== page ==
Grand Environmental Services


Helping people in the Colorado high country work around, in, and under water

Our Services

River Corridor Restoration, Sustainability

Agricultural lands and irrigation, due-diligence

Sustainability work plans

Fishery habitats, wetlands, beaver management

 Access, utilities including water and sanitation

Our Colorado River headwaters are under enormous stress. Urbanization, reduced stream flows, and pollution including high water temperatures impact landscape productivity and fishery health. And our risk increases as we lose resiliency – that natural ability to adjust and recover after catastrophic events such as drought, wildfire, and flooding. Grand Environmental Services helps landowners evaluate land and water resources, then develop cost-effective work plans to improve watershed health and resiliency. We take a long view in our work, with a softer approach nudging ecosystems back into that “sustainable sweet spot” where deliberate land management can balance natural processes to optimize landscape health. And yes, agricultural production can go hand in hand with great fisheries.

Environmental Assessment, Design, and Construction Team Support

Site assessment especially around waters and wetlands

Geotechnical design recommendations, project design, permitting

Stormwater management and environmental landscaping

Water improves most any setting, but it can also make a muddy mess of typical land clearing, excavation for foundations and utilities, access, and staging as well as day-to-day construction. In addition, sensitive shorelines, stream banks, and floodplains can be highly visible bringing increased scrutiny and project uncertainty Grand Environmental can help clarify geotechnical and environmental constraints associated with waterways and adjacent areas of shallow groundwater, then communicate findings and recommendations to project planners, engineers, permitting authorities, builders, and landscapers. We can help as needed during property transfer and project development to assure quality control, compliance, and help construction teams quickly respond to challenges.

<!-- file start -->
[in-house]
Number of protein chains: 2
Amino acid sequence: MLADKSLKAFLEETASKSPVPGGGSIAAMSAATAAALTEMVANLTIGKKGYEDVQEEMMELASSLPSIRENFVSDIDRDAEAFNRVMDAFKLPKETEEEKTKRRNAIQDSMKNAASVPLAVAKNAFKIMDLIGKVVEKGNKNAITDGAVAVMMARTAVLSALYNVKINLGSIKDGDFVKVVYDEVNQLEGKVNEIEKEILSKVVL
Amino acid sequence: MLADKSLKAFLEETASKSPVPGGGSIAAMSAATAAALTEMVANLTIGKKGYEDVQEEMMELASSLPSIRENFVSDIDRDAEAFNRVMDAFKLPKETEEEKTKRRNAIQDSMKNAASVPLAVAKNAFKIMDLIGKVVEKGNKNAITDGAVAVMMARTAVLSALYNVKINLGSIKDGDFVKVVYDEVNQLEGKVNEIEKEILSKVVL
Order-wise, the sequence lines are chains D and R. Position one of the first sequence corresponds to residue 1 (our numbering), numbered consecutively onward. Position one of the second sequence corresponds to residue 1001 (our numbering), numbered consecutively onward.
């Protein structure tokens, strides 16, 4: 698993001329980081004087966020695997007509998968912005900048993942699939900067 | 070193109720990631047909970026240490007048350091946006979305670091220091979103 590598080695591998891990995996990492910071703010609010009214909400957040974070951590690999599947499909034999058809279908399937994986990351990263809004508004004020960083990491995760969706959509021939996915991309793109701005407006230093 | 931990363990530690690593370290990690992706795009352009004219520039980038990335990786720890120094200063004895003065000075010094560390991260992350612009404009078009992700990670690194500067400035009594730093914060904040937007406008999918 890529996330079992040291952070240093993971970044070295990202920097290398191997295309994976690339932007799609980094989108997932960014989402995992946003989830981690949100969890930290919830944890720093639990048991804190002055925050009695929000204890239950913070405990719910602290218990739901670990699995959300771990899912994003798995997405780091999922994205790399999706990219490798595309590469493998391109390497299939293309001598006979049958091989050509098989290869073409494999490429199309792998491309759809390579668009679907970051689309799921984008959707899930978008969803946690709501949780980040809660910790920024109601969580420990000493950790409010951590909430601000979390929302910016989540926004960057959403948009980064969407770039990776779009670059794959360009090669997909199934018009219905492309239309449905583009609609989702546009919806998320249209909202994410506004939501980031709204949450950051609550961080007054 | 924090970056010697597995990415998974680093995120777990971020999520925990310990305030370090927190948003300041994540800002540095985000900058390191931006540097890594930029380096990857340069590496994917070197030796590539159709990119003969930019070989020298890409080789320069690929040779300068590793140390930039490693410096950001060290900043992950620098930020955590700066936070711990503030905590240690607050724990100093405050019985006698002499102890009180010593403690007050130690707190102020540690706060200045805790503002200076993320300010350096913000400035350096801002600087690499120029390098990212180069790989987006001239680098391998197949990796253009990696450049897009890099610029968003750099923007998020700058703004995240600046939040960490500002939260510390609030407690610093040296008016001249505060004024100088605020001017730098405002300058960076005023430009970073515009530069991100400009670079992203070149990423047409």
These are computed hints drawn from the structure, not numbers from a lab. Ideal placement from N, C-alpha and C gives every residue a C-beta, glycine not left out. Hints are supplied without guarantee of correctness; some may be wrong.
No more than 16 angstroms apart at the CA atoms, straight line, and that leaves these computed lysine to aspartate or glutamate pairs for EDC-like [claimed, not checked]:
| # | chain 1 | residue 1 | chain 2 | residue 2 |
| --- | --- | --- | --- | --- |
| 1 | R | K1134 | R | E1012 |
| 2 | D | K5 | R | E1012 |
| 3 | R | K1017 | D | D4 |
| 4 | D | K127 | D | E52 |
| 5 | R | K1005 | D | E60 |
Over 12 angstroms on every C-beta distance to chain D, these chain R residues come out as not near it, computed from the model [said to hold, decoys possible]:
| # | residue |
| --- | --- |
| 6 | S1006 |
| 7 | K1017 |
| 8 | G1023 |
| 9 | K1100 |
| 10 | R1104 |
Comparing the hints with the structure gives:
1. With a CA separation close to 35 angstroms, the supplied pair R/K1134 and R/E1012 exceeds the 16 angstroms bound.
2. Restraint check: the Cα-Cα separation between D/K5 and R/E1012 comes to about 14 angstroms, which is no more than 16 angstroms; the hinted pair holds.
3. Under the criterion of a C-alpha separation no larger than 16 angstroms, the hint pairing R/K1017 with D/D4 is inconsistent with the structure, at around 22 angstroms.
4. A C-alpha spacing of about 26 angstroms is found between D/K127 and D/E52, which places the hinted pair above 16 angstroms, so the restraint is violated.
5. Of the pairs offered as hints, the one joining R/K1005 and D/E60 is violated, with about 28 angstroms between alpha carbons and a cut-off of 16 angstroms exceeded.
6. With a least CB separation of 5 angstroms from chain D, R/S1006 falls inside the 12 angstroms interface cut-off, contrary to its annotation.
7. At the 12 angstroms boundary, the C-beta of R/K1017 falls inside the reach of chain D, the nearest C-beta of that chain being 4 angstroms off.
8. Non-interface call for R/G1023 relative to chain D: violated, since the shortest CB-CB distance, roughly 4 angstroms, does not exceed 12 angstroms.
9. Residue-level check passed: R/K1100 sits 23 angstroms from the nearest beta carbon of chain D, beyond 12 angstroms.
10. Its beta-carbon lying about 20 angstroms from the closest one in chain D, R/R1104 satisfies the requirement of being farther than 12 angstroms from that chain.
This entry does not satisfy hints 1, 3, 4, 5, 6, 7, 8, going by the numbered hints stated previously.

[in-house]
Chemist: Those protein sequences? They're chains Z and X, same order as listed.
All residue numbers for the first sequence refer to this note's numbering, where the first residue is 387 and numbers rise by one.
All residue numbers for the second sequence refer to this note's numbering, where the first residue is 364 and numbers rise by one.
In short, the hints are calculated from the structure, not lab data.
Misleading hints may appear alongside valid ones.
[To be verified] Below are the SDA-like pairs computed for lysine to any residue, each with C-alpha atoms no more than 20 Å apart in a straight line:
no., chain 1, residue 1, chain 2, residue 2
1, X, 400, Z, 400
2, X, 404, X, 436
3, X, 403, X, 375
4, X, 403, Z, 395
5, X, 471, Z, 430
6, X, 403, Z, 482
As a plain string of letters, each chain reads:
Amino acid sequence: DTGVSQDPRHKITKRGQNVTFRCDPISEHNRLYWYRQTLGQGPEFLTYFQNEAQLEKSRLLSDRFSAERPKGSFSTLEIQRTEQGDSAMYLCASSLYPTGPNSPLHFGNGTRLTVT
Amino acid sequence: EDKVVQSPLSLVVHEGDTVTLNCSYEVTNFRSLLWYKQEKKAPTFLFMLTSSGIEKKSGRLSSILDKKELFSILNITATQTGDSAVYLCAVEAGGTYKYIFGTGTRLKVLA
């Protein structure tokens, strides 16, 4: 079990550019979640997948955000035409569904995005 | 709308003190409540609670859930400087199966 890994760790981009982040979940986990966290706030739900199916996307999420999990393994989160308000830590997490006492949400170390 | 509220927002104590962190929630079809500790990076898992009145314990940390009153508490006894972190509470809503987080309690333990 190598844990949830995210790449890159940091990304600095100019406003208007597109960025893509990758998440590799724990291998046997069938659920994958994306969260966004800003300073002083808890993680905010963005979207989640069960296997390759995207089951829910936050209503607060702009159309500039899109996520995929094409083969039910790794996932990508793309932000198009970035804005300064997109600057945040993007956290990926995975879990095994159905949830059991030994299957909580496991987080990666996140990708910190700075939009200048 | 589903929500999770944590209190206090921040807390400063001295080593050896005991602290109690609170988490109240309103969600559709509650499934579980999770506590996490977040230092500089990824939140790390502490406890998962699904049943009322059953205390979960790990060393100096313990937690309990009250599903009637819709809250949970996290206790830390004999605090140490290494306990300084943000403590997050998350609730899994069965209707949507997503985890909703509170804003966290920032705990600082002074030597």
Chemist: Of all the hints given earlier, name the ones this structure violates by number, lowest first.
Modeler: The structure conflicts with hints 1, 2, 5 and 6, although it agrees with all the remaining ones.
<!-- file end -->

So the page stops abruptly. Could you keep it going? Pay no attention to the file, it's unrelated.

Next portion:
Frequently Asked Questions

How would I know if my property might benefit from river-corridor restoration?

Much depends on your goals. How important is agricultural status? Are irrigation diversions giving good crop yields, or is it increasingly difficult to match historic yields? How’s the fishing? Traditional wisdom tells us waterway conditions reflect land management. Look for eroding streambanks cutting laterally into valuable uplands including hayfields, roads, and build-able sites; that erosion also puts chocking sediment into adjacent fisheries. Do you have substantial riparian buffers of willow and cottonwood that protect and nourish aquatic habitats while protecting adjacent uplands? Do irrigation diversions allow fish passage while delivering substantial water to hayfields? Do stream channels have a diversity of structures in dynamic equilibrium, or are they wide, shallow, and monotonous? Are weeds competing with native grasses, or choking pools?

Grand County can be a difficult place to work, with a short construction season, difficult weather and terrain, and highly visible aquatic settings.  Give us a call for a free consultation; we’ve been working here for 25 years and love to help with unsolved challenges.

What can we do to restore my land and waters?